If more adults could understand exactly what is going on inside the brain of an autistic child, they might be more patient and creative when seeking a way to communicate effectively with that child. Because the processing is limited on one side, the other side has compensated, and can process details much faster than an other child of the same age. If you say less, stick to details, and do so without much emphasis on the gestures and tone of voice, they may be able to not only take what you are saying in and process, they will most likely respond in a surprising fashion. Just be prepared for a more literal translation than usual.
How this could affect future treatments
Now that we know about neuronal fibers, mini-columns of the autistic brain and their relationship to cognitive interactions, it is time to see if the information gained can lead to treatments that will alter it in a positive fashion. The work recently done by researchers like Dr. Manuel Casanova shows that the possibility of better treatments may be closer than ever before. His research into the neocortex revealed the differences between the autistic and normal brains in regards to mini-columns, and he is now hopeful that he will be able to develop such a treatment.
The proposed treatment, according to Dr. Casanova, might have the effect of lessening autistic hypersensitivity, but without affecting the creative gifts and amazing savant level abilities that many autistic people have become known for. Now that we know that mini-columns in autistic people are both smaller and less efficient than those in other brains, treatments can be developed that will directly affect that efficiency.
Autistic mini-column cells appear to be smaller than normal, and it has long been known that the efficiency can be affected by cell size. Those cells have a direct effect on how well the different parts of the brain communicate with one another, so there may be a way to increase that efficiency with new therapies. This means that activities that would require longer communication, like language, could be improved, while leaving the short term communications, like math, unimpaired.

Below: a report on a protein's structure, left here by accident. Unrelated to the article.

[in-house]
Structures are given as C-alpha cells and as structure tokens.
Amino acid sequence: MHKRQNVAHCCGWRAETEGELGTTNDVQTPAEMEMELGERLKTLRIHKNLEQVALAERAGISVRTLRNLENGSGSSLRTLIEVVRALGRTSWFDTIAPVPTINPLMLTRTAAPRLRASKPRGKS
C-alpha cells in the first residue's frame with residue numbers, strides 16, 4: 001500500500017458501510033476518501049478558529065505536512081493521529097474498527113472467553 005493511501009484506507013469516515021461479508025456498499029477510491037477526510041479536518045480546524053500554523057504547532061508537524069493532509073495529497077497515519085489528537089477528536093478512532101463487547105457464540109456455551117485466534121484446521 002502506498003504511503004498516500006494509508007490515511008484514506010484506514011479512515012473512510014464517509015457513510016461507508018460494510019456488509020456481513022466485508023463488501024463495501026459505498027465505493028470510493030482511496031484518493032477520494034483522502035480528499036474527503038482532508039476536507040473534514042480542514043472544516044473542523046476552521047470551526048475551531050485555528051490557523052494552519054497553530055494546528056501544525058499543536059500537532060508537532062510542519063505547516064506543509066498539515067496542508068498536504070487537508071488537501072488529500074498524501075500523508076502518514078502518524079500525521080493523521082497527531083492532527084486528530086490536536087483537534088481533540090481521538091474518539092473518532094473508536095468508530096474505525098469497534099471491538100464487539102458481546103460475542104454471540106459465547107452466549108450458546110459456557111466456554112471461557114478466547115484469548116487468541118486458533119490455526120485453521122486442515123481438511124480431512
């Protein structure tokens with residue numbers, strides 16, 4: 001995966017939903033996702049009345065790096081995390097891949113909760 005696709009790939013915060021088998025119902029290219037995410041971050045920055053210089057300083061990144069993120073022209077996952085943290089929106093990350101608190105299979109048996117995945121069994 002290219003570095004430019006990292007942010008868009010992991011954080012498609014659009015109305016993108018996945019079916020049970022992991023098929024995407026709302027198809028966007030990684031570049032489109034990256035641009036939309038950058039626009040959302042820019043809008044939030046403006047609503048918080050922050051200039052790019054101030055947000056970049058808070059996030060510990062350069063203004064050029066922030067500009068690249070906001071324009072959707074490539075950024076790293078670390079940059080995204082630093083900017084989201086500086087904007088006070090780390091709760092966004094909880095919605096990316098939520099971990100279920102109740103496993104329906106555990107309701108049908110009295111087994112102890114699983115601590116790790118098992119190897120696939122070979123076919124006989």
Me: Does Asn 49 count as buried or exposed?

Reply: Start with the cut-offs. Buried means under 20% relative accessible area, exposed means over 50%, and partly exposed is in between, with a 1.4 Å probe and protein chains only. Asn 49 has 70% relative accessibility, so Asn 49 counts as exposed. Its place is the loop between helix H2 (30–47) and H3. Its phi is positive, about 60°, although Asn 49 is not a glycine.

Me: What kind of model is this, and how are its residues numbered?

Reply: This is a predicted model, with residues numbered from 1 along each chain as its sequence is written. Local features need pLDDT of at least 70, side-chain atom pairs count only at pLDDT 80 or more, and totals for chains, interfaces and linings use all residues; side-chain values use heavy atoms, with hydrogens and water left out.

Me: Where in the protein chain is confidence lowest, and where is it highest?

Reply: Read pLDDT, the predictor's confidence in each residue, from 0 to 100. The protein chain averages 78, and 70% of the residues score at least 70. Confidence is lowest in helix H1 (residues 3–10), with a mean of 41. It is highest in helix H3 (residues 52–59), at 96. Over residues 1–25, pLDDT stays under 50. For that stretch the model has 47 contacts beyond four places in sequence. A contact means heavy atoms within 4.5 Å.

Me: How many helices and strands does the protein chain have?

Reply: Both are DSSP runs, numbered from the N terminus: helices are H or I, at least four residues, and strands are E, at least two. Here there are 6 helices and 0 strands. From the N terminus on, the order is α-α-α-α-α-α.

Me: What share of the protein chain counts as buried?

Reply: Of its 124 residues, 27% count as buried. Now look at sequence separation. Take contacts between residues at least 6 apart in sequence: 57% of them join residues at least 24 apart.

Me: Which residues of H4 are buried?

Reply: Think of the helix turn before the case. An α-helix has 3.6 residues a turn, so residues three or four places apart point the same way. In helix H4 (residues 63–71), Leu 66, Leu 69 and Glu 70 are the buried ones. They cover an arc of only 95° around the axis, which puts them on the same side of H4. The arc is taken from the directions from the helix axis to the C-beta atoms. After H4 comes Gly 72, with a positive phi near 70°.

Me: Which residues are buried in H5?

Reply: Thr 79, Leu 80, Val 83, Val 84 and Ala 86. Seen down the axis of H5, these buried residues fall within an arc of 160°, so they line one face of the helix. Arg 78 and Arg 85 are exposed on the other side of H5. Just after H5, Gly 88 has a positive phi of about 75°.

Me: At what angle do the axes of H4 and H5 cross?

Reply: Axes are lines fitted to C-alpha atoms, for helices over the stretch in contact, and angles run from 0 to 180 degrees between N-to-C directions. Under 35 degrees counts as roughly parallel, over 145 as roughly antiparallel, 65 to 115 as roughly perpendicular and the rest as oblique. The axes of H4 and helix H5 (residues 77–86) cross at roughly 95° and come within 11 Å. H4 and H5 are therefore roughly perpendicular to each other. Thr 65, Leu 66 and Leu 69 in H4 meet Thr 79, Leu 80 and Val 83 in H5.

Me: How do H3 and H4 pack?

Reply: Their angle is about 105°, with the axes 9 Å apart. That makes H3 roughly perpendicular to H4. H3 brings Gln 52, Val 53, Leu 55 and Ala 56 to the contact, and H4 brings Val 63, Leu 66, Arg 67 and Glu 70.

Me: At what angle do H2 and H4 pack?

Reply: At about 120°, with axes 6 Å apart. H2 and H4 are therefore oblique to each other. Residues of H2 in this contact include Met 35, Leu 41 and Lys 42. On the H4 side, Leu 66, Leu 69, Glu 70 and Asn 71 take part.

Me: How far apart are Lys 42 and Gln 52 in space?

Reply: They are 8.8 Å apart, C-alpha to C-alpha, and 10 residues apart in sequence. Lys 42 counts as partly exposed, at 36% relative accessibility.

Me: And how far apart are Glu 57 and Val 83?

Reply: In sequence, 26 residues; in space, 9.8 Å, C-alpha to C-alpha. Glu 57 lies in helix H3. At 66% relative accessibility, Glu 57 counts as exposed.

Sensory issues and Transcranial Magnetic Therapy
According to the research, when mini-columns have smaller cells, the stimuli they receive bleed out, and move to other columns, amplifying the effect, like an overflowing glass. Casanova believes that this bleeding may be the cause of the hypersensitivity and seizures that an autistic can suffer. If there was a way to increase the insulation around these mini-columns, there may be a way to stop that sensory overflow.
Casanova’s theory states that Transcranial Magnetic Therapy could force the magnetic field within the cortex to reverse, reinforcing the insulation around each mini-column, and preventing the sensory overload. The treatment might have some minimal side effects, but it would not affect the personality, or the thought processes of the patient.
As it stands, the theory has some merit. This treatment has already enjoyed some success with illnesses like schizophrenia and chronic depression. Currently, this therapeutic treatment is being put through clinical trials to see if can be used to help patients suffering from hallucinatory voices. Dr. Casanova is eager to get the clinical trials for autism started soon, and is currently spearheading fundraising efforts to make this dream a reality.